Software Bill of Materials

What Does Software Bill of Materials Mean?

Software Bill of Materials (SBOM) is a document that provides details about the components used to build a software application. SBOMs are useful for identifying which software applications are most at risk when a third-party vulnerability is discovered.


SBOMs are created and maintained by software vendors and individual program authors. Ideally, a new SBOM should be created each time a new software verion is released to the general public. The documentation an SBOM provides can help stakeholders:

  • Gain better visibility into software assets.
  • Conduct due diligence to assess risk.
  • Identify and monitor potential regulatory compliance conflicts.
  • Prioritize remediation options.

Techopedia Explains Software Bill of Materials

The benefits of SBOMs apply to both software suppliers and software consumers. The creation of shareable SBOMs is expected to play an increasingly important role in software lifecycle management, supply chain management and software asset management.

SBOM formats

Currently, there are three formats commonly used to create and share SBOMs: SWID Tagging, SPDX and Cyclone DX.

SWID tagging — Software Identification (SWID) tags contain information about a specific software product release. The Trusted Computing Group (TCG) and the Internet Engineering Task Force (IETF) both support SWID Tags in their standards.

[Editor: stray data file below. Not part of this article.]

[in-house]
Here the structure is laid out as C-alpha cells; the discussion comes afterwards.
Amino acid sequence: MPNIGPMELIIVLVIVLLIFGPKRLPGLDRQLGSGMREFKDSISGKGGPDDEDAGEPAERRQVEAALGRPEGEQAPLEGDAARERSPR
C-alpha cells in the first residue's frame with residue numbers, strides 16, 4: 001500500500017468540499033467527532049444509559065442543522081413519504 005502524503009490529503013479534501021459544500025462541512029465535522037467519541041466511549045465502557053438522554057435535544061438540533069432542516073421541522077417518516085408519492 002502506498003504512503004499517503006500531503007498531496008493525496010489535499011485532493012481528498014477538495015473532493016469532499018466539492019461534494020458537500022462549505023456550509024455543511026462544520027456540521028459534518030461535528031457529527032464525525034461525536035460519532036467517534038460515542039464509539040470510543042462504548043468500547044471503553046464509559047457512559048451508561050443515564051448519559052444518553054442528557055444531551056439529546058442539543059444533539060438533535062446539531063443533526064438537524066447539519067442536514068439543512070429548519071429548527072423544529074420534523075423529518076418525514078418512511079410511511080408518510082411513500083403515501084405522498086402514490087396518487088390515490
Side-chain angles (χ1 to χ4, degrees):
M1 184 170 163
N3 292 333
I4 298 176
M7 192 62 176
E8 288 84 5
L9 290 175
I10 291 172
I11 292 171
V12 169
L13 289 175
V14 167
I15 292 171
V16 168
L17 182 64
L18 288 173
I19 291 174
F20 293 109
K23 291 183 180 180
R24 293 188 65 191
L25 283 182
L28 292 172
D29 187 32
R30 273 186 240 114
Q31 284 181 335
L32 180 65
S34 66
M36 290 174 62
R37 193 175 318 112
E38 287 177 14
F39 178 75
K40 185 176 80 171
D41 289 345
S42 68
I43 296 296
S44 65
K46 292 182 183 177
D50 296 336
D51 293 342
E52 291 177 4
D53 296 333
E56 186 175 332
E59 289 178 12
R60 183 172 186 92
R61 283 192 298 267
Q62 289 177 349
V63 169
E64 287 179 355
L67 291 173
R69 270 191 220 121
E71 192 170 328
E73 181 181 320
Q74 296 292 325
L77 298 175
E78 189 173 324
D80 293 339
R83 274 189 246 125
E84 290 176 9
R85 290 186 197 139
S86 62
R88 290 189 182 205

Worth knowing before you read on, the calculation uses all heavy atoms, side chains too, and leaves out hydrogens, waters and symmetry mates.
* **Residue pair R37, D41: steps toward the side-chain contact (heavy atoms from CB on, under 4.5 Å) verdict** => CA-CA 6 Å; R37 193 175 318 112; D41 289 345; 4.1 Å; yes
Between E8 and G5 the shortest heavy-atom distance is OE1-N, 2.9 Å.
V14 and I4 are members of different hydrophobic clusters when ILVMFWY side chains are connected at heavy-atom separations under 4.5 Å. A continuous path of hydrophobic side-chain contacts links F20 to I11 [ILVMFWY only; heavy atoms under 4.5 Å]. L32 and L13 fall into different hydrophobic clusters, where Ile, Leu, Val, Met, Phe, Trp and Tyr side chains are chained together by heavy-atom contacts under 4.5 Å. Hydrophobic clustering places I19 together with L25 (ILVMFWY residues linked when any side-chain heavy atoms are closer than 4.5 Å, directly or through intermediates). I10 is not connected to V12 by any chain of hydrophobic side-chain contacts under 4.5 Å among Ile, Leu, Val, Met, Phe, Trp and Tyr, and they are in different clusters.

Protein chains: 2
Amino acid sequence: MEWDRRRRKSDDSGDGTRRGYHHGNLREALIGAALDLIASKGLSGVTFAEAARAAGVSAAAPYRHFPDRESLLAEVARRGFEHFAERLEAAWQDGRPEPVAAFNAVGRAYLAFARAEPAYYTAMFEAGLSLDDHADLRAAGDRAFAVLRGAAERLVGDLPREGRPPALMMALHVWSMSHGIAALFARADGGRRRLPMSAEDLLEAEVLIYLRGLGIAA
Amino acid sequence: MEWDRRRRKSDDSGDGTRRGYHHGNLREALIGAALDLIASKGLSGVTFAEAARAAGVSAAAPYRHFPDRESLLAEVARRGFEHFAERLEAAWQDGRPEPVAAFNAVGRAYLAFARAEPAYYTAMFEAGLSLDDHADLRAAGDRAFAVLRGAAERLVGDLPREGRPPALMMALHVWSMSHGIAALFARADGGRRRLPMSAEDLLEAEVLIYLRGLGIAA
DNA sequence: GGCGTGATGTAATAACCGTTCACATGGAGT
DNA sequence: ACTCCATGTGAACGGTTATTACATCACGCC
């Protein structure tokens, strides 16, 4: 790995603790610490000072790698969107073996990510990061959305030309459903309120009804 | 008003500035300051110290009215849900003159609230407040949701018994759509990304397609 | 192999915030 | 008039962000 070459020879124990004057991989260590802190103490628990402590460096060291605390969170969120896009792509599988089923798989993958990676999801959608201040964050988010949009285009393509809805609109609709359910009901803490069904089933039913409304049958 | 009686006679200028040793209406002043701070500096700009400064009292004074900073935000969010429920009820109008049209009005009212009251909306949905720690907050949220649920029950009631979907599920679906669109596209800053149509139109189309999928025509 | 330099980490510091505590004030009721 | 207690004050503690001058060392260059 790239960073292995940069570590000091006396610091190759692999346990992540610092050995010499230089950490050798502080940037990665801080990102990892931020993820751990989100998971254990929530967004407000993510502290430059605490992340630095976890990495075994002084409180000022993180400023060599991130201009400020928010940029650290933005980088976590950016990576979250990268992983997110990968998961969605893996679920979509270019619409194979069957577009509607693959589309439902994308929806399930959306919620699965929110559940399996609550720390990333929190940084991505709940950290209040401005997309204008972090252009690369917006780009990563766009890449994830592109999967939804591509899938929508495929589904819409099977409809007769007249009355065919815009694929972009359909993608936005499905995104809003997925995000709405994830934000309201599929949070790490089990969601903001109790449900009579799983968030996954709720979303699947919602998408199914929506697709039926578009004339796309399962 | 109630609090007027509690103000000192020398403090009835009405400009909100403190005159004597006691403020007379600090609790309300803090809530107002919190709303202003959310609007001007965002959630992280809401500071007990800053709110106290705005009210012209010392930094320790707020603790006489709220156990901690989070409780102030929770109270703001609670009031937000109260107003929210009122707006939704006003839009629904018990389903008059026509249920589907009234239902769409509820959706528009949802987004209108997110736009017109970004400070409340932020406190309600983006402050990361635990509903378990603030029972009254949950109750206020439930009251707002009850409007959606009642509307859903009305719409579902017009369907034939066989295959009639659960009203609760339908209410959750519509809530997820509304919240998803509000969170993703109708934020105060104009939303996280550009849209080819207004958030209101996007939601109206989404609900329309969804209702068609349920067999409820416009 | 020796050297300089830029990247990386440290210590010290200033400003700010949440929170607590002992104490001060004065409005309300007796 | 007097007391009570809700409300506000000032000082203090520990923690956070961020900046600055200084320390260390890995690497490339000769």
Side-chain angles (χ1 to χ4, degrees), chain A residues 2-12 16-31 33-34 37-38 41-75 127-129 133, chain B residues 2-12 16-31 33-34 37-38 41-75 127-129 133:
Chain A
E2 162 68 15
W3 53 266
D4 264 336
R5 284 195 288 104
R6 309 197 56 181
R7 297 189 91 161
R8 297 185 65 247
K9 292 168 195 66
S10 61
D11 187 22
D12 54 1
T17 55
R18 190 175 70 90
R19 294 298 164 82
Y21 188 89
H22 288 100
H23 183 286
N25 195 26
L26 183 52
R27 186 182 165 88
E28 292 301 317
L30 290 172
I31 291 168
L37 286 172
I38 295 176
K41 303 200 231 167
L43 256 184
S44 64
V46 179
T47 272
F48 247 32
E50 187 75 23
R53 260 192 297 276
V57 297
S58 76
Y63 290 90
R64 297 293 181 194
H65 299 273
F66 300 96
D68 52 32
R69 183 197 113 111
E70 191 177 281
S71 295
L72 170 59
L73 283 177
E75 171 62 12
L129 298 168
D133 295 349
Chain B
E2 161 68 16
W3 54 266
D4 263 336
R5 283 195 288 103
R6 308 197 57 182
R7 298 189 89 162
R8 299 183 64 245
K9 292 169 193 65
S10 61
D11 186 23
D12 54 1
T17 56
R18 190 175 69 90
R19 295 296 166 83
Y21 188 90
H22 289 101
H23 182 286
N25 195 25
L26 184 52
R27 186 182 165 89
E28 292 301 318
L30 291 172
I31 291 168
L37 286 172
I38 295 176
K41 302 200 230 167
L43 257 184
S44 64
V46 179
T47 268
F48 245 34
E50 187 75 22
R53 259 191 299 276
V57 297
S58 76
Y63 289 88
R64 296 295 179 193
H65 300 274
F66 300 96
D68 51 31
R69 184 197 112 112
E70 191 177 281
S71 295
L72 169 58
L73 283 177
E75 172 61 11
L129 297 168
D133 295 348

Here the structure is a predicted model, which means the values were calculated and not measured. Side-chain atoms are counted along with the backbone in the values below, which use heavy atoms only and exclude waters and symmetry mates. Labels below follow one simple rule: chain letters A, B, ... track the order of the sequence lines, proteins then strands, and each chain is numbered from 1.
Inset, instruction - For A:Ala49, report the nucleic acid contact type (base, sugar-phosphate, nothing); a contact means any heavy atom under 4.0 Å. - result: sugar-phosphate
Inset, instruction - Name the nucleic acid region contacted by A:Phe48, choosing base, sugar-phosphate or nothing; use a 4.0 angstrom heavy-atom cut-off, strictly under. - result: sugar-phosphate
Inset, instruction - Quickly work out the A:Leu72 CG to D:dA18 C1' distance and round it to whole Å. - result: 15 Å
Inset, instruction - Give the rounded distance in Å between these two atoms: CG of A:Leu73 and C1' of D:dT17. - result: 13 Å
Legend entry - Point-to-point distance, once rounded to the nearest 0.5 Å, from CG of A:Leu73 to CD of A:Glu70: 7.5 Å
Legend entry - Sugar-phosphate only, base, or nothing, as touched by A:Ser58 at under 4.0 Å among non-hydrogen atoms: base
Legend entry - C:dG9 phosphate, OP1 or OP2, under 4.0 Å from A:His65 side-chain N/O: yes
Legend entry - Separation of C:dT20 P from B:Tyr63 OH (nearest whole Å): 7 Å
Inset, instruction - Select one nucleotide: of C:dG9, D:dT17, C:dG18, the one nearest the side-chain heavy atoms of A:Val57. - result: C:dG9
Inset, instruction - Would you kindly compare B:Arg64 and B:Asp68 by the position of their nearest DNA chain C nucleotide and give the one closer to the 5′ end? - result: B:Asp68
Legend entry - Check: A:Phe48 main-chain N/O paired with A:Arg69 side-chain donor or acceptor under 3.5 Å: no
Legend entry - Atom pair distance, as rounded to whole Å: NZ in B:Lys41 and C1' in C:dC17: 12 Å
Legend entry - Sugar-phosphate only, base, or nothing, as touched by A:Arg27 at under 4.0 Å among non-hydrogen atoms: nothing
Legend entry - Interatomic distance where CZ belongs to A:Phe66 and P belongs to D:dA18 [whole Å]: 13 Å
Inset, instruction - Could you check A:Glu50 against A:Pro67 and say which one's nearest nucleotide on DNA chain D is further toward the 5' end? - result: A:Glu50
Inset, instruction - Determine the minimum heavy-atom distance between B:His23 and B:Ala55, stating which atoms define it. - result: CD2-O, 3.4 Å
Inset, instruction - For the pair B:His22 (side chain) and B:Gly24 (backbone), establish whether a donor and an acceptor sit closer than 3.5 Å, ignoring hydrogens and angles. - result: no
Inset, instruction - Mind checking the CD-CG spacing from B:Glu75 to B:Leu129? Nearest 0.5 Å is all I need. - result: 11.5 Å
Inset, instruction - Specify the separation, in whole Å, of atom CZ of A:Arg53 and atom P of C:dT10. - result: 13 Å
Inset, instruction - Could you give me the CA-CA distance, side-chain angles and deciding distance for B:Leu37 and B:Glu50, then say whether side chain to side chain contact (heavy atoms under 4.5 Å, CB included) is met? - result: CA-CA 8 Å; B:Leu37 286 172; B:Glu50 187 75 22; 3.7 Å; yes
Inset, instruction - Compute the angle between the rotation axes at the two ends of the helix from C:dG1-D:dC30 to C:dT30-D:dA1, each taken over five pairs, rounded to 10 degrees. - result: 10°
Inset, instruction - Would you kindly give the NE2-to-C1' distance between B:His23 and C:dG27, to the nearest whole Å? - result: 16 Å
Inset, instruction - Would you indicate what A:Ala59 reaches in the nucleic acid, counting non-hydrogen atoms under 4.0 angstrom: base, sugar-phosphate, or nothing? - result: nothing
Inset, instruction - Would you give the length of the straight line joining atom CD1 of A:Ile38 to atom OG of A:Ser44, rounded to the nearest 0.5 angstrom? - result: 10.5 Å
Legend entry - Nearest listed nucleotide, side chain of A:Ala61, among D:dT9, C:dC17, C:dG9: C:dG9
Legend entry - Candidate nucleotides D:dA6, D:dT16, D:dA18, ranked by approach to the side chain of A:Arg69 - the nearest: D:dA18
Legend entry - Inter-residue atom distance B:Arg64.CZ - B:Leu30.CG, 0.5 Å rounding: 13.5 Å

SPDX — Software Package Data Exchange® is an open standard for communicating software bill of material information. The SPDX specification is also known as ISO/IEC 5962:2021.

Cyclone DX — CycloneDX is a lightweight SBOM standard designed for use in application security contexts. Cyclone DX is managed by the CycloneDX Core working group with assistance from members of the Open Web Application Security Project® (OWASP) community.

Margaret Rouse
Technology Expert

Margaret is an award-winning technical writer and teacher known for her ability to explain complex technical subjects to a non-technical business audience. Over the past twenty years, her IT definitions have been published by Que in an encyclopedia of technology terms and cited in articles by the New York Times, Time Magazine, USA Today, ZDNet, PC Magazine, and Discovery Magazine. She joined Techopedia in 2011. Margaret's idea of a fun day is helping IT and business professionals learn to speak each other’s highly specialized languages.